The book is rife with fun-loving cursing, so it’s not for kids who might be offended by such salty language (or parents who might feel protective over such things), but it is high-quality cursing overall, with some colorful turns of phrase, a favorite coming near the end.
I devoured this novel in about three afternoons, and would recommend it for a snowy day or a vacation away. It’s a blast to read, and you’ll be glad you got to know Mark Watney, the Martian.
Jill O’Neill: My selection for best book read in 2014 is Black Diamonds: The Rise and Fall of an English Dynasty. This may be a bit of a cheat in terms of timing, as the book was originally released in the U.K. in 2007. However, Amazon indicates that an American paperback edition will be released on December 30th, and for those with an interest in cultural heritage and social history, this is a great addition to your To-Be-Read pile in 2015.
The book is about the Fitzwilliam family, until recently owners of the largest privately-held country house in England, the Wentworth Woodhouse structure in Yorkshire. The house boasts 365 rooms and a facade twice the length of Buckingham Palace, but has fallen into sad disrepair, due in large part to the events described in Black Diamonds.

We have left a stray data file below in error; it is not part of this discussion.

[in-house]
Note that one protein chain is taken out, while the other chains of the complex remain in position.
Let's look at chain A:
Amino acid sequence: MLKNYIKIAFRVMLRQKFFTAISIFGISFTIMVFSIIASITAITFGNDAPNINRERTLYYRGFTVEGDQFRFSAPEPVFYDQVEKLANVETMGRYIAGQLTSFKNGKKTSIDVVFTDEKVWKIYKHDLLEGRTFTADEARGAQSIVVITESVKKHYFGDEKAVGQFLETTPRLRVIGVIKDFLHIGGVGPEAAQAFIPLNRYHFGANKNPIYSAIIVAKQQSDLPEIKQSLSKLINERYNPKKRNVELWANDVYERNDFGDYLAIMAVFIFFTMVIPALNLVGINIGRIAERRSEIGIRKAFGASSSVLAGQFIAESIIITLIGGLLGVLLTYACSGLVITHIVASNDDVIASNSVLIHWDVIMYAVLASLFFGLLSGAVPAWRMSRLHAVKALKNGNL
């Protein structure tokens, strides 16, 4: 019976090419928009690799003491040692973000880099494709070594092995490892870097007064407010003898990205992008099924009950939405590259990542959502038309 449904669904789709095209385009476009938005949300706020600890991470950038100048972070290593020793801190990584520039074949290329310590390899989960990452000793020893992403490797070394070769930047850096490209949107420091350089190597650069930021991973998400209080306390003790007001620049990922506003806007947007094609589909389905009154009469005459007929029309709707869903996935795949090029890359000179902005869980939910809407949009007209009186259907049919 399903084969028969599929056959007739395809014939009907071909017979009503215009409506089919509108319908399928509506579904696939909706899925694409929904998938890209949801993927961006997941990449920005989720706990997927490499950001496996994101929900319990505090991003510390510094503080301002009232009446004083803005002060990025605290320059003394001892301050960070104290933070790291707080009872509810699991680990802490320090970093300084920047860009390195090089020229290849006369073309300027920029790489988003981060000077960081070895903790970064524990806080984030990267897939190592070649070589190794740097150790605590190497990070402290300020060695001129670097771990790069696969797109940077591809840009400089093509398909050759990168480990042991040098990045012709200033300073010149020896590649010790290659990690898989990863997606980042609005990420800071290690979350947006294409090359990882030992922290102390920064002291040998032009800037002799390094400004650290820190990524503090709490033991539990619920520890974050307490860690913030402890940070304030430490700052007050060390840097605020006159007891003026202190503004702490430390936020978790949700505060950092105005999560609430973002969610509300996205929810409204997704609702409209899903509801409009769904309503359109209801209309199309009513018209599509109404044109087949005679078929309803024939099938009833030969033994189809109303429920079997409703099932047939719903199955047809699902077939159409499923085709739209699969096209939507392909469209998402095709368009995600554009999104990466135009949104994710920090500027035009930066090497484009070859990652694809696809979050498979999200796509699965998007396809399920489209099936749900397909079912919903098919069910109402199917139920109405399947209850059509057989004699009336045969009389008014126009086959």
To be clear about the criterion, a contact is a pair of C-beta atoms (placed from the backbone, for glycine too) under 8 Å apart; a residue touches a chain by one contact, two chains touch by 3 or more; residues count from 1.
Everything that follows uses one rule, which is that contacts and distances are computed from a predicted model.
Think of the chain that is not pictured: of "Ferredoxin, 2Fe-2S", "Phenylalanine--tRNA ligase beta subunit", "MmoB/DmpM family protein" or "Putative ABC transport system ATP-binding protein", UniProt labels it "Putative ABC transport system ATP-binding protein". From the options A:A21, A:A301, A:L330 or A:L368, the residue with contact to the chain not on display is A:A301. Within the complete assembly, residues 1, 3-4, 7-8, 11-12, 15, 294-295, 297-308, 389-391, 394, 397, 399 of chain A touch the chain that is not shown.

The history of the family features the stuff from which bodice-rippers are crafted. Focused primarily on the family as it enters the twentieth century, there are questionable male heirs, bad marriages, unverified marriages, tragic deaths, and a long series of sad and sensational lawsuits. Even in the most excessive of societies, one can’t quite believe that this would go on. But it was economics rather than questions of legitimacy that caused the downfall of this aristocratic family as the needs of Britain shifted in the wake of two World Wars. The Fitzwilliams were held up as representatives of a spendthrift, aristocratic class that exploited workers and embarrassed a government keen on developing a robust middle-class. The substantial fortune that supported the Earldom was drawn from 120 Yorkshire collieries and in the course of managing the nation’s coal supply, one particularly resentful minister proceeded to open up veins nearly to the foundations of the house itself, causing mining subsidence that is the root of even more lawsuits extending to today.